Having read just a few short pages of the report before needing to start typing furiously (the typing, not the mood) this will only cover one principle of the report as I feared that if I waited until the end I may have no spirit left. I want to talk about this idea of the audience for British film.
I will state this up front and outright – THERE IS NO AUDIENCE FOR BRITISH FILM.
Why do I say this? Because ‘British’ or otherwise, the British film industry operates in the English language market. That market is very well stocked with films from all across the world (by which I mean America) and Britishness becomes as relevant as Australianess. It is relegated to a sub-genre. The report states research that says that people when surveyed overwhelmingly declared their support for British film. But was that only because they asked? And, being asked, who’s going to say “NO, I think the British film industry is a pointless waste of time”.
Without taking into account the fact that no English language British film operate in a market of its own there will never be a successful British film industry, because in order to survive it must compete. Not with itself but with every other English language film available. And that means Hollywood. And to do that, you have to compete with them on their terms too, with big box office grosses over there. That means (and I doubt you will hear it said in the halls of the BFI) the British film industry needs to make American films. In America.
There are people doing it. “Paul”, the 2011 film starring Simon Pegg and Nick Frost is not the most British Film in the world, but it certainly has more than a red, white and blue streak was made for $40million and grossed just under that in the US but with a worldwide gross of $90 odd million. “Shaun of the Dead” a very British success grossed $13million in the States. See, even their slightly worse films deal in bigger numbers.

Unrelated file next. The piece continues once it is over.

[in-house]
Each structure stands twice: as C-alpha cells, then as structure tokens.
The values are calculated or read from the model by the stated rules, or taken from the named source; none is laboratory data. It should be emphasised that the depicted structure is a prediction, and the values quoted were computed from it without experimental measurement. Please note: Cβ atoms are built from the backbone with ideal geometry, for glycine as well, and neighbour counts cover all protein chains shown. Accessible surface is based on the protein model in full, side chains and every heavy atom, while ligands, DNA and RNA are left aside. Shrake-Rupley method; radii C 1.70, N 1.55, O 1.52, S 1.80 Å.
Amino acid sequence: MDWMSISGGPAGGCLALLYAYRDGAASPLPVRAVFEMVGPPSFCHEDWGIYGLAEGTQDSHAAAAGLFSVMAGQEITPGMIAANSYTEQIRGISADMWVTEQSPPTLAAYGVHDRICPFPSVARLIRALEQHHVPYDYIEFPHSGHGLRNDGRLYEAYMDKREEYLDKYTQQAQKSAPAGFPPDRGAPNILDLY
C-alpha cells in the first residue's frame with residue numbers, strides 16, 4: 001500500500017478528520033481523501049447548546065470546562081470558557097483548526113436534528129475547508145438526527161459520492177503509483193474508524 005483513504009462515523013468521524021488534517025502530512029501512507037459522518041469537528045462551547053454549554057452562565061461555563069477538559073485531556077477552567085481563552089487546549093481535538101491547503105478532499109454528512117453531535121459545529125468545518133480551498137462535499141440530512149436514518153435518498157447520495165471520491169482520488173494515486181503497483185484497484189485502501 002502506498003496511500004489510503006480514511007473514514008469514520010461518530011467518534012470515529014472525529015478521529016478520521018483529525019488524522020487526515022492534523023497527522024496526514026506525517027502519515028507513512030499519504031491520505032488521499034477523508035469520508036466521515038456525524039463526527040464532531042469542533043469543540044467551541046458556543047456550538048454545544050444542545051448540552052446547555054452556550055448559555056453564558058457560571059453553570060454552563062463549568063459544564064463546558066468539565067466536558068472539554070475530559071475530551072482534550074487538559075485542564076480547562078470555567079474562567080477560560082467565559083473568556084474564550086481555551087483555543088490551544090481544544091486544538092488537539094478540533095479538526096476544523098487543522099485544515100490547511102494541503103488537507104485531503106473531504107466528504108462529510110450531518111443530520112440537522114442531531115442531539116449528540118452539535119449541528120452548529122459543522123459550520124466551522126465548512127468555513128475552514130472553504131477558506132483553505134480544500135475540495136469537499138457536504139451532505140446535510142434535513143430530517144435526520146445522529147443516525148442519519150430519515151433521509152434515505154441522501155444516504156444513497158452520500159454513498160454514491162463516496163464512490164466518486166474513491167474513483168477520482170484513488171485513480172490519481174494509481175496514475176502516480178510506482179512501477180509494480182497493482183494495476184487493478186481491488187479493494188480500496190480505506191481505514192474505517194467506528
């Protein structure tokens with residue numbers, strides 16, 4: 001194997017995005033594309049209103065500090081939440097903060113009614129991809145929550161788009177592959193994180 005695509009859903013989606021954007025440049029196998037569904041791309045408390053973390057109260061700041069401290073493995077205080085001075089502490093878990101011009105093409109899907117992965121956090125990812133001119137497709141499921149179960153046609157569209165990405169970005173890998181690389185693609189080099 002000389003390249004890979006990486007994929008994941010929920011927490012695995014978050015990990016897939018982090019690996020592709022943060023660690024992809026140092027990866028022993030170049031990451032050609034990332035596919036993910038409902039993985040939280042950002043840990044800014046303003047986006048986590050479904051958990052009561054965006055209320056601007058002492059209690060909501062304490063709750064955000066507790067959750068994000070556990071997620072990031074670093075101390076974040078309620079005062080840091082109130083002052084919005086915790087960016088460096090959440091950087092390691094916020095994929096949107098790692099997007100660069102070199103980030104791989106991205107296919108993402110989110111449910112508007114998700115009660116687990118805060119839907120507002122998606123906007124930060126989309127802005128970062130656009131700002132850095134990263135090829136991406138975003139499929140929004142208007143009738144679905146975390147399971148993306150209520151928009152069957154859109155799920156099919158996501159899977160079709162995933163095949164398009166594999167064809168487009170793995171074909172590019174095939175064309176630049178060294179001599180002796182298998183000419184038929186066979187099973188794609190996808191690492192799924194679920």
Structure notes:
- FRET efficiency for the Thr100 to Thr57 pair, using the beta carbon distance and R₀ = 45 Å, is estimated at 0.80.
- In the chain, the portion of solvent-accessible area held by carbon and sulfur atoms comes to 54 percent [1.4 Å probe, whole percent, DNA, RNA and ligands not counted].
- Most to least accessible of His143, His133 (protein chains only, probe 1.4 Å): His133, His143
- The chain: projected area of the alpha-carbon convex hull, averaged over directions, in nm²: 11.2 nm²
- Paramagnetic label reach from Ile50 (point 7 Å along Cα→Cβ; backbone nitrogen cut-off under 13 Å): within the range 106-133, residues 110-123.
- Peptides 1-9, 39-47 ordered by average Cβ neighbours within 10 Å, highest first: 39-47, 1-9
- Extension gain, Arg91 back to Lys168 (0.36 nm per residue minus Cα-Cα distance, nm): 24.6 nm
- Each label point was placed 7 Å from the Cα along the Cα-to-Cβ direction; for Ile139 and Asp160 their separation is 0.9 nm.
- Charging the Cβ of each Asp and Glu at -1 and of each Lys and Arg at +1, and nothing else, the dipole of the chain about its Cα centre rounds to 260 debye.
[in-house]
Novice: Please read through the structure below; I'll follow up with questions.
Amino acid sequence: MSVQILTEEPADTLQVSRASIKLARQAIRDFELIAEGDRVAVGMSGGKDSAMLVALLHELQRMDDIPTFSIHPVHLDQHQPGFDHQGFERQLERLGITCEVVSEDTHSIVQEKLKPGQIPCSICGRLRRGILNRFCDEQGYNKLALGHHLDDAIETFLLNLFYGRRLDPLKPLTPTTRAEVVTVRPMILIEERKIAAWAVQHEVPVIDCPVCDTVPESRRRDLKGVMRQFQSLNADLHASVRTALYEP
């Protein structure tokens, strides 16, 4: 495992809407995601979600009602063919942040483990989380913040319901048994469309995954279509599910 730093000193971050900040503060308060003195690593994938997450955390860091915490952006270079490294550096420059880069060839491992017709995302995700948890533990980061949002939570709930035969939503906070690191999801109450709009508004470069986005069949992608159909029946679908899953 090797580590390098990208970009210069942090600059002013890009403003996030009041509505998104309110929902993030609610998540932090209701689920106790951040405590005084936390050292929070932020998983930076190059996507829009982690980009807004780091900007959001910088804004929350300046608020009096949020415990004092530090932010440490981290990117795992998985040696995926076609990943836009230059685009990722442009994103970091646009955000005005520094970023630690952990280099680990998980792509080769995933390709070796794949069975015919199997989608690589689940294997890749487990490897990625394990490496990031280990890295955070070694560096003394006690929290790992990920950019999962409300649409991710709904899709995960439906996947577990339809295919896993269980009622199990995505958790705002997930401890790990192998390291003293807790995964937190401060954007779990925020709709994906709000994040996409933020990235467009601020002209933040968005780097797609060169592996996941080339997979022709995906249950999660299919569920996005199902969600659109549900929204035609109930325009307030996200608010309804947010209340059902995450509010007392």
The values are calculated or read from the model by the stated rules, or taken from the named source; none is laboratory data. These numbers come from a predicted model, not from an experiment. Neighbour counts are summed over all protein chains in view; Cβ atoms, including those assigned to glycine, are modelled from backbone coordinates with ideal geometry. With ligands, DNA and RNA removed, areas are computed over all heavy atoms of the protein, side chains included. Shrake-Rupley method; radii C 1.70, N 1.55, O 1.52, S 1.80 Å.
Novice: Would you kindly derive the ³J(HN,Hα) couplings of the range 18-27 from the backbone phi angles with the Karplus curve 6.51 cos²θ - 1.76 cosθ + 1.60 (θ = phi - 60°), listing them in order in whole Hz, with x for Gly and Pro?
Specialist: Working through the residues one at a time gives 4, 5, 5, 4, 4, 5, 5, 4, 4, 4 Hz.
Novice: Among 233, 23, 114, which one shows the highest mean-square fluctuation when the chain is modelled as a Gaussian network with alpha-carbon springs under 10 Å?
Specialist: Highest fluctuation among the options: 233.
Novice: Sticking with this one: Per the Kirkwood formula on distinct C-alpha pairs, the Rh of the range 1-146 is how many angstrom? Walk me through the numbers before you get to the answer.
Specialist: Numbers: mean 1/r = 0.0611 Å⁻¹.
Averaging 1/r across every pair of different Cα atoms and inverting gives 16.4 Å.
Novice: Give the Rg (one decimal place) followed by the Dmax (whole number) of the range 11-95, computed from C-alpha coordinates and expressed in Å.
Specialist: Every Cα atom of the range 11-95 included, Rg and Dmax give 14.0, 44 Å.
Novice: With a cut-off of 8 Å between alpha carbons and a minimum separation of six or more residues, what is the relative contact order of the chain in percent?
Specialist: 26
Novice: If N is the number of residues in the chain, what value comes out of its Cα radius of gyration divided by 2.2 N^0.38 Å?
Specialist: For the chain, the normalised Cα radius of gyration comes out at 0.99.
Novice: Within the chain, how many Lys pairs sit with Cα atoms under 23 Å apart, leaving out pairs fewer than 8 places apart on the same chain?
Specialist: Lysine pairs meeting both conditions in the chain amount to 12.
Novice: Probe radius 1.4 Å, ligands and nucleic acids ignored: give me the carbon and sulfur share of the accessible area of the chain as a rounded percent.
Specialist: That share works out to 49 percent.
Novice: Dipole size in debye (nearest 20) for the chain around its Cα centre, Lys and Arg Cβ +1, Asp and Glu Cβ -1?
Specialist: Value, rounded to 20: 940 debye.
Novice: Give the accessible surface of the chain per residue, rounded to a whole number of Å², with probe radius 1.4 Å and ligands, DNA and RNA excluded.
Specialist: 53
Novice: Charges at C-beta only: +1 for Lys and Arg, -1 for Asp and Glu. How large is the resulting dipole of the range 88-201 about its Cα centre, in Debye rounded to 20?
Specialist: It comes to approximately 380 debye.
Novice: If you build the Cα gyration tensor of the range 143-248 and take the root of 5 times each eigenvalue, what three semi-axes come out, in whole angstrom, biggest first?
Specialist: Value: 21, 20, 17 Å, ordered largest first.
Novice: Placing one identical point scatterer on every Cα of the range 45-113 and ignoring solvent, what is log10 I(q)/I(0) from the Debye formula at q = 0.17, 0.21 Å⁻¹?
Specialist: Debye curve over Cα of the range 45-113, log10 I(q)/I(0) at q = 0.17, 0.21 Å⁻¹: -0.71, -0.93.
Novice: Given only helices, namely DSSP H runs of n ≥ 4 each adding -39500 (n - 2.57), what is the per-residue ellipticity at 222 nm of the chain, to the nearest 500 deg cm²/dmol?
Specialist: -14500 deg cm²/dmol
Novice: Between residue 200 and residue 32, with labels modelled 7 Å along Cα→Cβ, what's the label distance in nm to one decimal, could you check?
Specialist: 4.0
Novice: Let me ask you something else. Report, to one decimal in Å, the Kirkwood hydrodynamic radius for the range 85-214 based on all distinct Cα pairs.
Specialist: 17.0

Here is a conversation that NEVER happens:
Boy “Hey, do you want to go see a film?”
Girl “Yes, let’s. What would you like to see?”
Boy “A British film”
Now, it may be the case that the boy may say ‘THAT British Film‘ but I would be willing to bet that it would be based on something other than its Britishness. Most likely that they heard it was a good film. So here is solution number one to growing the film industry – ONLY MAKE GOOD FILMS.
Well, if we knew which they were going to be we’d be doing that. So here comes solution number two – MAKE SO MANY FILMS THAT STATISTICALLY ENOUGH OF THEM WILL BE GOOD/SUCCESSFUL THAT THE BAD ONES CAN BE IGNORED BECAUSE THEIR COST WAS COVERED BY THE HUGE BOX OFFICE OF THE ONE THAT SUCCEEDS.
That’s how Hollywood does it and, guess what, it works. It costs more money that the British Film Industry has to spend and requires that UK production companies taking the benefit of US box office successes so that that money can go into making more terrible films in the hope of a gem or two.
But until the UK film bods stop talking about the British film industry and start talking about the English language market we will always remain a cottage industry. If the BFI want a truly British film industry then they should invest in the production of Welsh language and Gaelic or Cornish language films and develop a foreign language British Film industry*, because with the report reading like they are treating the UK as a distinct market, we are going to do as well with a Welsh film in the English language market as a French or Italian film would. Subtitles are subtitles after all. And these films would be uniquely British.
If they want a successful industry then they need to support business looking to compete, and that means productions signing big stars and filming people talking in American accents and doing American things and letting the money come back. Because nobody cares that Braveheart was an Australian guy if he’s talking in English.
Pah! I’ve run out of steam now but would love some comments and further discussion on the subject. I can;t wait for the inevitable chunk on piracy.
* I would personally love to see these industries developed more actively than they are and see the regional funds for these films as a way to marginalise them out from the British Film Industry. We should have a Foreign language Oscar contender annually.